India Seashell Museum&The man who turned his house into a maritime heritage museum

India Seashell Museum is the largest seashell museum in India and is located at Mahabalipuram, a famous tourist destination of South India, just 60 kms south of Chennai. It houses over 40,000 specimens of rare and unique seashells and Minerals which offers visitors an amazing visual treat and a unique perspective on conchology.

Fees to visit Museum is Rs 100 and that of Aquarium is Rs 50 but you can buy a combo offer which will enable you to visit both. Seashell Museum comprises of four galleries and many seashells in well labelled cabinets. Take your time and it will take you around 1-2 hours to read and watch every type of shell there is.

Raja Mohammad

Raja Mohammad, the founder of the India Sea Shell Museum started collecting shells when he was only a child. Travelling to different countries and collecting seashells from all over the world, the museum is now home to 6,000 different species of seashells.

Essentials. Shells are made of calcium carbonate, in the mineral form of calcite or aragonite. Animals build their shells by extracting the necessary ingredients—dissolved calcium and bicarbonate—from their environment.

The empty shells you find on the beach are often hundreds of years old, maybe even thousands! You can even find fossils dating back more than 100,000 to millions of years ago.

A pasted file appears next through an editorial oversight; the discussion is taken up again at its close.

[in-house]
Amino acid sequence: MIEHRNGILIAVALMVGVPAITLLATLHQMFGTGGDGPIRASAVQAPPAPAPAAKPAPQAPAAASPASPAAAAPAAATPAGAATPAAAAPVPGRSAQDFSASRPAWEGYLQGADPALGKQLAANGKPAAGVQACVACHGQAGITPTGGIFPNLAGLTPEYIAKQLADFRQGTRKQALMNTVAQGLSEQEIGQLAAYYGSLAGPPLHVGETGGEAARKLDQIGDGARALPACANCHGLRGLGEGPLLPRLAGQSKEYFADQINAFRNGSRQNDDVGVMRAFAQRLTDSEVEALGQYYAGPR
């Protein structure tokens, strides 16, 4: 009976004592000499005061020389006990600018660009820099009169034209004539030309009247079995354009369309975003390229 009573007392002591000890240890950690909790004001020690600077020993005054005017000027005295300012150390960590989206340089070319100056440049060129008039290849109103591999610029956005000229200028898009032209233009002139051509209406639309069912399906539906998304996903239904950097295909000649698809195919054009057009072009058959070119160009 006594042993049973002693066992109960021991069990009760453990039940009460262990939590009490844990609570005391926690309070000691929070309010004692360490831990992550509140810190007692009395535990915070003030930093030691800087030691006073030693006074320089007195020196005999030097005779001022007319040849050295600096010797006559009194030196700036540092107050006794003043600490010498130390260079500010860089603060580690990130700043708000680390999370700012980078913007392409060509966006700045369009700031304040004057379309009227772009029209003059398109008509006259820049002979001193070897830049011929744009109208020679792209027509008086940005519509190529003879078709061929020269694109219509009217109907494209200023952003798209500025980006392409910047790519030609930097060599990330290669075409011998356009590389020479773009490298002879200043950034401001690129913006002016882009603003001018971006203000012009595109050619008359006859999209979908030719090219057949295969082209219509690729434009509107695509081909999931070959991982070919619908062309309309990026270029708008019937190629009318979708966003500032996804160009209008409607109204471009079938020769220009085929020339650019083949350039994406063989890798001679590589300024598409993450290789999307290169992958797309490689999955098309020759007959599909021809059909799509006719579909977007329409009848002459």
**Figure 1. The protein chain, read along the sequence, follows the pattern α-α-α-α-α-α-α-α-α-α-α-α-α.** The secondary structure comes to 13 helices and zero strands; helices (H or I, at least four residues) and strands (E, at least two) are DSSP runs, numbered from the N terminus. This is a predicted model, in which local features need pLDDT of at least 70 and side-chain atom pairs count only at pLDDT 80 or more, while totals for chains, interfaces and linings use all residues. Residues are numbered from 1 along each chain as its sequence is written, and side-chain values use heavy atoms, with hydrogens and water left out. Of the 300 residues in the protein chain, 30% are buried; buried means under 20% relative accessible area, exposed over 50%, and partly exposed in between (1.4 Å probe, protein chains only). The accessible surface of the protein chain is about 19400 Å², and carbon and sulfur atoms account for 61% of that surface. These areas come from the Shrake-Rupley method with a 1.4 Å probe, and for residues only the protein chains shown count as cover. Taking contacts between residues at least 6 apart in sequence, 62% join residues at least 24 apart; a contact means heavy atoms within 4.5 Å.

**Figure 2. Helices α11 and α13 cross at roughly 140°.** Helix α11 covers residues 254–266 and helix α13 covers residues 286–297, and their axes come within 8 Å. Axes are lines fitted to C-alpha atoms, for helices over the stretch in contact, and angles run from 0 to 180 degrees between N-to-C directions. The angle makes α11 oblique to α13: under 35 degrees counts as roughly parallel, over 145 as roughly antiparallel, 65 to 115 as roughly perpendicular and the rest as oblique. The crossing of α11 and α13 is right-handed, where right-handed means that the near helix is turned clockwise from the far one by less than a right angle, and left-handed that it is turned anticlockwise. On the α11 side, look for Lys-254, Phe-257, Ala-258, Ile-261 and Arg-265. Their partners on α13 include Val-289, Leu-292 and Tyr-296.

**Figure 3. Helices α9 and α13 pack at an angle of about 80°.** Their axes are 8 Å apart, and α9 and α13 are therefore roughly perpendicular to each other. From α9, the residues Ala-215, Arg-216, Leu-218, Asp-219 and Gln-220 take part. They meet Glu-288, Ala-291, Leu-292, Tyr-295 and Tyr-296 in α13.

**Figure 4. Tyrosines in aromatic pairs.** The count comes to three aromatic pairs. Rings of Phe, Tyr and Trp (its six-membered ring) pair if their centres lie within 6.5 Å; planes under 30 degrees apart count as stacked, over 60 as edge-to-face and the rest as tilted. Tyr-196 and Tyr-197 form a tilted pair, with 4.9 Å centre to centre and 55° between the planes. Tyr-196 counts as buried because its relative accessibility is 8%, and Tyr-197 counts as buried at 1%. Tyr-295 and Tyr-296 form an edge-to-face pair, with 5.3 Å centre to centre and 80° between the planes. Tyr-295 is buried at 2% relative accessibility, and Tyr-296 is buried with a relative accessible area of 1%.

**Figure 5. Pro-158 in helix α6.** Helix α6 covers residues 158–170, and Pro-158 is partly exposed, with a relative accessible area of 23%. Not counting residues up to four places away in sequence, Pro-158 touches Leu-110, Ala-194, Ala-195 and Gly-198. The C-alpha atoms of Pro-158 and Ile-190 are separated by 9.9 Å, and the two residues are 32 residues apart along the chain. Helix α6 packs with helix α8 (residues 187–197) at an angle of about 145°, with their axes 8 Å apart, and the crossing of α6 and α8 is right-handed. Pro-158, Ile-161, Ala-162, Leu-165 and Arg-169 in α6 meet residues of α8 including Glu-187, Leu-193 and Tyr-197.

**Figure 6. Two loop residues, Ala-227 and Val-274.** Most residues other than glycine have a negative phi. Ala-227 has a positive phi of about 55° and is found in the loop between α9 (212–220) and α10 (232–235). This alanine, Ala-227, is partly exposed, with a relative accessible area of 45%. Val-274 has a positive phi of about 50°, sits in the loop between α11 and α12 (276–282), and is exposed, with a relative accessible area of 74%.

The man who turned his house into a maritime heritage museum

Through years of travel, D Hemachandra Rao has collected enough items to start Chennai’s first Maritime Heritage Museum, right in his house

At the turn of this decade, Tamil Nadu Tourism Development Corporation had plans to make the decommissioned INS Vagli submarine, gifted to the State Government by the Indian Navy, the centrepiece of a maritime heritage museum in Mamallapuram. This dream was never actualised, but in the busy neighbourhood of Virugambakkam, one man took matters in his own hands: D Hemachandra Rao converted his house into Maritime Heritage Museum, replete with brass ship models, dhow models, compasses, anchors, coins with ships engraved on them, and postcards and stamps of India’s lighthouses and canals.

Fondly called the Lighthouse Man, the 80-year-old civil engineer, has been taking road trips for the past decade, first exploring Madras, and then along India’s coastline. His fame among the city’s history buffs led many of them to his house, asking for help with their research.

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